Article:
(Robin Rothstein) Chasing Manet has an inspirational message at its core concerning the potential that lives in us all, no matter what the barriers, to defy expectations and take action to attain our dreams. Unfortunately, though, Howe spends more time weighing the play down in tired jokes and overly-superficial depictions associated with nursing home life at the expense of forwarding the central action. Act Two holds more dramatic tension and original juicy fun as the escape plan moves more front and center. This is also when the play reaches its comedic potential and the essence of its theme is more consistently and effectively articulated. Howe does a nice job keeping you guessing about whether or not the QE2 reservations are, in fact, real, and if the two women will be able to conjure up, and successfully execute, a viable escape plan. The results are a true surprise. Criticisms aside, what is clear throughout is that Howe has written Chasing Manet with relish, allowing herself to just have a good ol' time.
Bloomberg News C+
(John Simon) With “Chasing Manet,” Howe bites off too much, leaving everything a bit pallidly foreshortened, not to say etiolated. Moreover, Rennie is far too inconsistent to be credible: jocular when the play wants a lovable zany, sober enough when Catherine’s plotted escape to Paris and the world of her beloved Manet requires a racy co-conspirator. But that is not to fault the savvy director, Michael Wilson. Nor Alexander, a wonderfully aristocratic Catherine and Cohen, a vivaciously gemutlich Rennie. They act up merry minor storms amid artificially breezy doldrums.
Village Voice C
(Michael Feingold) Cohen is delightful and the supporting cast enchanting whenever Howe's lunatic verbal reveries take over; Alexander, a total class act, takes resplendent histrionic advantage of both reality and wordplay, but even she can't sustain two full acts of their unwieldy mixture.
Lighting & Sound America C-
(David Barbour) Howe is certainly capable of striking effects. It's easy to be amused by Catherine's bizarre appearance at an art class -- wearing painted sunglasses and fake spots of blood on her face, pretending to be Oedipus -- even as you wonder how she pulled off the gag in her invalid state. Alternatively, there times when the action freezes into a tableau of chaos, riven by the cacophonous cries of needy, confused old people. And there's a quietly beautiful sequence in a physical therapy class when an elderly man, heretofore lost in his own world, rouses himself to describe, in vivid detail, his work on an archeological dig. But Chasing Manet never settles on a point of view, preferring to leap from situation comedy gagging to Beckettian melancholy to wounding family confrontations in such a jittery manner that it's impossible to settle in and enjoy Howe's writing. The tone is sweet and sour, fierce and fey, pitiless in its assessment of the losses imposed by age and yet farcical and flighty. This isn't entirely surprising -- Howe has been pursuing her own specialized form of absurdism for decades -- but here it comes across as a kind of attention deficit disorder; the author's restlessness keeps us from getting caught up in her story.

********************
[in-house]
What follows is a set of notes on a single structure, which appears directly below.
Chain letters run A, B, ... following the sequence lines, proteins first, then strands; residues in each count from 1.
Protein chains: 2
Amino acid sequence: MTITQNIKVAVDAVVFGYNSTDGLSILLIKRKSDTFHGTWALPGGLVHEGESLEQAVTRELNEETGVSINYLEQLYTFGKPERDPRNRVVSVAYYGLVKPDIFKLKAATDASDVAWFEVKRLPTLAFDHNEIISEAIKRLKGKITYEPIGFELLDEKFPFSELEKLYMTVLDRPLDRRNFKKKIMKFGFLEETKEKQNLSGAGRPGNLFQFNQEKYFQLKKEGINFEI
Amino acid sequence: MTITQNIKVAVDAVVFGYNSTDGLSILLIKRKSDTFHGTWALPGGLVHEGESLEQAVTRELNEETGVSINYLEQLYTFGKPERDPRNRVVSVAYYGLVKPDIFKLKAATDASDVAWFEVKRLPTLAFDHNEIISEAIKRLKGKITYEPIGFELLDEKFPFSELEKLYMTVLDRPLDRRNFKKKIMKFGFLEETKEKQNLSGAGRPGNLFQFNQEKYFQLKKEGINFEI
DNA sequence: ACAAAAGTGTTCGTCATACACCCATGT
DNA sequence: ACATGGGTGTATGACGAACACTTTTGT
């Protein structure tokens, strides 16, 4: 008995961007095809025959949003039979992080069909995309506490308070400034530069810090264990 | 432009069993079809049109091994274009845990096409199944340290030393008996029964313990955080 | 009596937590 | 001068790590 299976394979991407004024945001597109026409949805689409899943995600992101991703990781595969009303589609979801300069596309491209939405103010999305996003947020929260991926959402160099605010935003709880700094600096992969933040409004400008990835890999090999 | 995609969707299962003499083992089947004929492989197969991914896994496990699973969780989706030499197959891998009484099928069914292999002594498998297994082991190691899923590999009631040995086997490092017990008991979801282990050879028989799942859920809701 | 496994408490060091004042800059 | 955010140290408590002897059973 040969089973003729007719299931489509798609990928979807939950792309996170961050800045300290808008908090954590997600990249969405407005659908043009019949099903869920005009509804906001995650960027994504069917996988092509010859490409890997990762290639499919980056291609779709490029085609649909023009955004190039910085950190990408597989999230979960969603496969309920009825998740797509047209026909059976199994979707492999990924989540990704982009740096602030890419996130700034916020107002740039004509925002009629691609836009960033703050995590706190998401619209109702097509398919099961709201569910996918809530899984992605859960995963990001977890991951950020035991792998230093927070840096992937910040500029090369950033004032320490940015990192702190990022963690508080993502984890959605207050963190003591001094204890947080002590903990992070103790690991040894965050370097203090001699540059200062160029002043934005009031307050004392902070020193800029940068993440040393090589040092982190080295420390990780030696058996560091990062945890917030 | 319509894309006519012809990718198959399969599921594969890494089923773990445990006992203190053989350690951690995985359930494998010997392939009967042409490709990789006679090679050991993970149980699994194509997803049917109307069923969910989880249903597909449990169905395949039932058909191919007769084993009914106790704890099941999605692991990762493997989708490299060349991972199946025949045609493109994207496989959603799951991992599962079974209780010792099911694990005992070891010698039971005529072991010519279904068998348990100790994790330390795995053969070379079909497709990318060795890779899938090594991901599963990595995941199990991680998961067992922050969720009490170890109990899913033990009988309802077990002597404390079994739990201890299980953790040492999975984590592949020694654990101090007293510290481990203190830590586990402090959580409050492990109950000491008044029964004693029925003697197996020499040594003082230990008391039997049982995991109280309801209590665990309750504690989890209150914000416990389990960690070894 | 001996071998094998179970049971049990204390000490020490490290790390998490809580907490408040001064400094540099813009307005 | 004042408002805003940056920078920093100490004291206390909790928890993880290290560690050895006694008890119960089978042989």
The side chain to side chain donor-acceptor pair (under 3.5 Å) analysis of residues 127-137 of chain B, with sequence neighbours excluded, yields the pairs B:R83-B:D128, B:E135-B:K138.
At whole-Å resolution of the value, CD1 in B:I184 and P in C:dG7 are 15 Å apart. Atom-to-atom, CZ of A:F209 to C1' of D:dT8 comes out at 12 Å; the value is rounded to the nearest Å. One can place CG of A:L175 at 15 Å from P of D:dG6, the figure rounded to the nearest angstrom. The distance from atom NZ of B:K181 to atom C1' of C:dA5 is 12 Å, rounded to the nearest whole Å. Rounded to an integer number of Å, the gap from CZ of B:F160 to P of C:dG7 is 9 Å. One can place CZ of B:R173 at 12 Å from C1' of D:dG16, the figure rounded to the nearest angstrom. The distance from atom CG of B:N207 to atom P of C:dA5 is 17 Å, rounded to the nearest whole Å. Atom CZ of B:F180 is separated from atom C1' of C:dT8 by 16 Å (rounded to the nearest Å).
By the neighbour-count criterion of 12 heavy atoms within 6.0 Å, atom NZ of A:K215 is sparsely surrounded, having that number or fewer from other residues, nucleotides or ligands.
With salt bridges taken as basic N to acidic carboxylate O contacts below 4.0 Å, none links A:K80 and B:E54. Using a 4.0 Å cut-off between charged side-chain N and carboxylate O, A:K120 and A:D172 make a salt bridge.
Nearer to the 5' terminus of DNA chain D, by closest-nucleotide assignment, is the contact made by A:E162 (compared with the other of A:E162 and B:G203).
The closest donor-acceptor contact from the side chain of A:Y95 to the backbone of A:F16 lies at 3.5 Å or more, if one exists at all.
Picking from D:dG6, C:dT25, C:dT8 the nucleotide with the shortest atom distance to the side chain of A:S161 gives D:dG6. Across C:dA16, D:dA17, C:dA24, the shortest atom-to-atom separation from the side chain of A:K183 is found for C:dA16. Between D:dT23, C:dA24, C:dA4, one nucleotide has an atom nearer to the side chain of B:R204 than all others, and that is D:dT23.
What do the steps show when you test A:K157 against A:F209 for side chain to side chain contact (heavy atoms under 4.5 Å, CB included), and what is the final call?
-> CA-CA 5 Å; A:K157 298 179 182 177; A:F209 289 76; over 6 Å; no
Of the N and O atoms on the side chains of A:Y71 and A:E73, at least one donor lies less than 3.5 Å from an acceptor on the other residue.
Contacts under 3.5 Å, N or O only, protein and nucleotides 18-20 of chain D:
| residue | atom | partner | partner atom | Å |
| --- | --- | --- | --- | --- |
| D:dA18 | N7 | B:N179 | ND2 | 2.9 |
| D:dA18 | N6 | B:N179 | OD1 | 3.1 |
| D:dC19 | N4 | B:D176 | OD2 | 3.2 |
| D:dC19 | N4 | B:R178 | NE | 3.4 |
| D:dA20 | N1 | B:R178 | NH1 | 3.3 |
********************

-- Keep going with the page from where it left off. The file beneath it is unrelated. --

The New York Times C-
(Ben Brantley) Like many of Ms. Howe’s plays, “Chasing Manet” celebrates human (and particularly female) eccentricity and willfulness, even in the shadow of death. But the quirks assigned to the characters here all feel preowned (as the car vendors say), as does the gimmick-driven plot. But you decide. You can determine whether “Chasing Manet” is your kind of play from a single-sentence synopsis, the kind script writers pitch to studio executives: Two ladies in a nursing home — one Jewish, one high WASP; one in a wheelchair, the other legally blind — come up with the idea of combining their resources and running away to Paris on the QE2. Still with me? I wish I could report that “Chasing Manet” is much more than my studio sales pitch. This production, directed by Michael Wilson and also starring Lynn Cohen, does occasionally stick its toes into the dark and icy waters of what it means to feel old and abandoned. But more often it just glides across the surface, trailing a twinkly string of cultural references and slender psychological insights.
New York Post D+
(Frank Scheck) The malapropism-prone Rennie suggests a plan: "We create a division -- then we make a break for it while everyone's distilled." And so goes most of the humor in an evening that alternately depicts the home's elderly as horrifically addled and comically wacky. It's the kind of play designed to appeal to those who find the phrase "stool softener" hilarious. To be fair, there are moments in which "Chasing Manet" reaches the lyrical beauty to which it aspires. These occur when Howe allows her characters to reveal their humanity -- when Catherine tells the fascinating backstory of Manet's famed painting "Le Dejeuner sur l'Herbe," and when another resident (David Margulies) snaps out of his fogginess just long enough to passionately describe his experiences as an archaeologist working in the Fertile Crescent.
The Daily News D